Explore: Reykjavik, Iceland


Iceland's capital city may be on the smaller side but there's still plenty to see and do. Aside from requisite visits to the Harpa, Sun Voyager, and Hallgrimskirkja, there is so much more to this tiny city than meets the eye. Even just walking around is inspiring -- the street art in Reykjavik is mesmerizing (don't worry about missing it-- it's everywhere). If you're a pro, you won't need more than 48 hours to explore. And why would you stay longer when you should be out exploring the rest of the Land of Ice and Fire?

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Since Reykjavik was the last stop on our trip we decided to treat ourselves to an upgrade from hostel life (though as far as hostels go, Iceland's are quite nice). The beds at the Hotel Ódinsvé were so lovely to tuck into after a long trip (and a night out bar hopping in the cold). 

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Walking north, you'll eventually reach the waterfront. To the East you'll find Sólfarið (Sun Voyager) -- a stainless steel sculpture of a boat. To the West, you'll see the Harpa Concert Hall, which features a honeycomb-like design. 

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is one of the tallest structures in Iceland and sits in the center of Reykjavik. Its design is meant to be inspired by Iceland's unique landscape.

Had an incredible meal at Apotek, which came highly recommended by multiple sources. A little on the pricier end of the spectrum but totally worth it. Since it was our last night in the country, we went on a bit of a "treat yo'self" spree. My bank account was not pleased. And yes, everything on the menu is as delicious as it sounds. And since we were there to experience it all, we had to stop by the Lebowski bar. Yes, we could easily pass on the $20 White Russians but no, we couldn't just skip out on the bar entirely.

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is one of Reykjavik's main shopping streets where you can find everything from cute boutiques to kitschy tourist shops, and fine dining establishments to noodle shops (more on that later).

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Not everything in Reykjavik has to be astronomically expensive. I stumbled upon Noodle Station while exploring Laugavegur and was pleasantly surprised by the prices after a week of blindly handing my credit card over to waiters across the country. Nothing warms you up like a huge bowl of Thai-Chinese hybrid noodles on a cold, windy day in Reykjavik. Bonus points: They got a write up in Vogue.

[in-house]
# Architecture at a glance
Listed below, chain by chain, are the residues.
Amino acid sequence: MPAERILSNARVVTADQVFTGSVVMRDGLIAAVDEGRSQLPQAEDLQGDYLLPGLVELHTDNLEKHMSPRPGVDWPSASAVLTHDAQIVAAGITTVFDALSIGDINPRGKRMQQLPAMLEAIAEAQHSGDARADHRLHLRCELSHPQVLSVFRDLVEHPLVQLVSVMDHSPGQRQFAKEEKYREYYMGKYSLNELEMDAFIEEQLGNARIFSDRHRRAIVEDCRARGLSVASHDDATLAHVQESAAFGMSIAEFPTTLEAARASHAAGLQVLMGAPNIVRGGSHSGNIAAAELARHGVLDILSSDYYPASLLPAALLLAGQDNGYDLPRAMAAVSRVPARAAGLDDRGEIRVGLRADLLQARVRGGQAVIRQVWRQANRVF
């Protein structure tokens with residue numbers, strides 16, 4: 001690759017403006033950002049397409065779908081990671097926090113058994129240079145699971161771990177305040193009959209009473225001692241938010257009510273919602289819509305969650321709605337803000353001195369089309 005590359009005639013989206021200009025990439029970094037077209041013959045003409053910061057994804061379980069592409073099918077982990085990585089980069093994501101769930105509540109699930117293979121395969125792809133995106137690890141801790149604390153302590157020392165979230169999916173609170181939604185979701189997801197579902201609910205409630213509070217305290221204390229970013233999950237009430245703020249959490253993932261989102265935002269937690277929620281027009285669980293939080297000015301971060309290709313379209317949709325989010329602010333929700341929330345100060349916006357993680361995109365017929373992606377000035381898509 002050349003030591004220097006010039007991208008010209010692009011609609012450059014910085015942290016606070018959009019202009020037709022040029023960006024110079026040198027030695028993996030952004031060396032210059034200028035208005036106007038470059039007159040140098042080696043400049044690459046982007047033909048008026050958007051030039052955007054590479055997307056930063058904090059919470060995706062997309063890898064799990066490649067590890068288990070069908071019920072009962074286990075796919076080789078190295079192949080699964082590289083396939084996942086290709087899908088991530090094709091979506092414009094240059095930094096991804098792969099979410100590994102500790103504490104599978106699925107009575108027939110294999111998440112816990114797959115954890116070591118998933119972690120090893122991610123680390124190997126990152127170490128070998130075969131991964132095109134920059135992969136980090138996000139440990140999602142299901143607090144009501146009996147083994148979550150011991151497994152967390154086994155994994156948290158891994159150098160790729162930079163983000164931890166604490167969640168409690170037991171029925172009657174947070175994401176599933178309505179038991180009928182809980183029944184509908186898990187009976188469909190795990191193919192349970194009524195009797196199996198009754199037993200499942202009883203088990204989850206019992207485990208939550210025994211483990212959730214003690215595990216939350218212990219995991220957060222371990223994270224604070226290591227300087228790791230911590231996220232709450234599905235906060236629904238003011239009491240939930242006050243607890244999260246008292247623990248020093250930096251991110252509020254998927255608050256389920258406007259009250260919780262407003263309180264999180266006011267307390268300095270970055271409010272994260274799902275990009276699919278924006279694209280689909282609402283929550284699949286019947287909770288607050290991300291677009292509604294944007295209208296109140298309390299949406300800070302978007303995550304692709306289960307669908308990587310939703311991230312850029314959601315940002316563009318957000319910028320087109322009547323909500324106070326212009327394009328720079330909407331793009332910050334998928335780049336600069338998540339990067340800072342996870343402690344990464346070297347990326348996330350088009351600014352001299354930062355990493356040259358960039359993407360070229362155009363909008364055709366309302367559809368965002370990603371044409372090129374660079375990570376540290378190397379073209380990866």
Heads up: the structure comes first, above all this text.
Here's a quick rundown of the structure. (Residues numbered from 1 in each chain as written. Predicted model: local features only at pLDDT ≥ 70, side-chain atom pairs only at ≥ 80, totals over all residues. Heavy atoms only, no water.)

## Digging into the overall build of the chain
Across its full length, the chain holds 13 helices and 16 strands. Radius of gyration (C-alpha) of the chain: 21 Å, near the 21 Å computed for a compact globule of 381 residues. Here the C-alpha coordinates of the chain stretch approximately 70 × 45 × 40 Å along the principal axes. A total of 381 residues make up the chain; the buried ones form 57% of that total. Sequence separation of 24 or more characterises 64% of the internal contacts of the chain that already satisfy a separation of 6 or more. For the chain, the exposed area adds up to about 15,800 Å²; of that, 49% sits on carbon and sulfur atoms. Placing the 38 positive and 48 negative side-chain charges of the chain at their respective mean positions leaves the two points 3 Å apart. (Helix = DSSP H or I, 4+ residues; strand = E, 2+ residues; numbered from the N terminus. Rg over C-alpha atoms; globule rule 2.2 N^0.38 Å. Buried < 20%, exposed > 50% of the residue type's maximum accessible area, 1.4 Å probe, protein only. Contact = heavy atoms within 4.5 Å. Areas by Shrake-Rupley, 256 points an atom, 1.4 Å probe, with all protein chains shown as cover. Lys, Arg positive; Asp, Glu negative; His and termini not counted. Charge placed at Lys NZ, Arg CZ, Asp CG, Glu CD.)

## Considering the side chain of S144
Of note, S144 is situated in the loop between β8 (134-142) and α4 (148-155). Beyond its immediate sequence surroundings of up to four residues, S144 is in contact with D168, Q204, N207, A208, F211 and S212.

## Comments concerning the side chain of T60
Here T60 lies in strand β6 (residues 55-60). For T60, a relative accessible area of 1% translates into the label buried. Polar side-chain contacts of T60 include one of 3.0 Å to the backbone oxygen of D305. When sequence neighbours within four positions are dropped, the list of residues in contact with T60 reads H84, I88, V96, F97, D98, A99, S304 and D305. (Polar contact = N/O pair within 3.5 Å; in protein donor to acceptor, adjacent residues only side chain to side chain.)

There's tons of shopping as well (if that's more your speed). My favorite find was Myconceptstore, which sells everything from cool furniture to fine jewelry.




The main airport (Keflavik International Airport) is a 45 minute (ish) drive to Reykjavik. It's easiest to rent a car here and keep it for the duration of your trip. There are so many day (and overnight) trip ideas outside of the city that it's a huge miss to not explore what the rest of the country has to offer. If you're set on staying in Reykjavik (or have other modes of transportation arranged for traveling elsewhere) there are two coach bus services that offer (pricey) transport to the city (Greyline, Flybus) as well as a local bus option (route 55).


As with all countries this far north, the summers are mostly bright and sunny and the winters are incredibly dark. Want to see as much as possible during the day? Go during summer. Want to see the ice part of the Land of Fire and Ice? Head there in the winter months (but be prepared to cram in a lot during the very few hours of sunlight).


You'll find that everything in Iceland is just a bit pricier than other places you've traveled to (unless, of course, you're well-versed with Scandinavia.) Iceland doesn't produce much on its own so almost everything has to be imported (and high import taxes are paid). A simple trip to the gas station can present you with a serious case of sticker shock. I remember sitting down to my first (very casual) meal and wondering why a small platter of fish and chips at a hole-in-the-wall place was going to cost me $35. There are creative solutions around this (staying in hostels and not hotels, doing a grocery run instead of eating out every meal) but my favorite money-saving hack is to buy alcohol at duty free when you land at the airport. 


There's a great party scene in Reykjavik that (if it's your thing) you should absolutely take advantage of. Since Iceland is a bit pricey, most locals (and tourists) will drink beforehand. This is where your airport duty free alcohol comes into play! I actually ended up purchasing some really incredible wine in New York before I flew and brought it with me -- that was definitely a first for me. Most tourists will make a stop at the Lebowski Bar where the White Russians flow freely and there's movie-inspired decor covering every inch of the bar. Definitely not a local hang out so if you're looking for a more authentic night out in Reykjavik, skip this.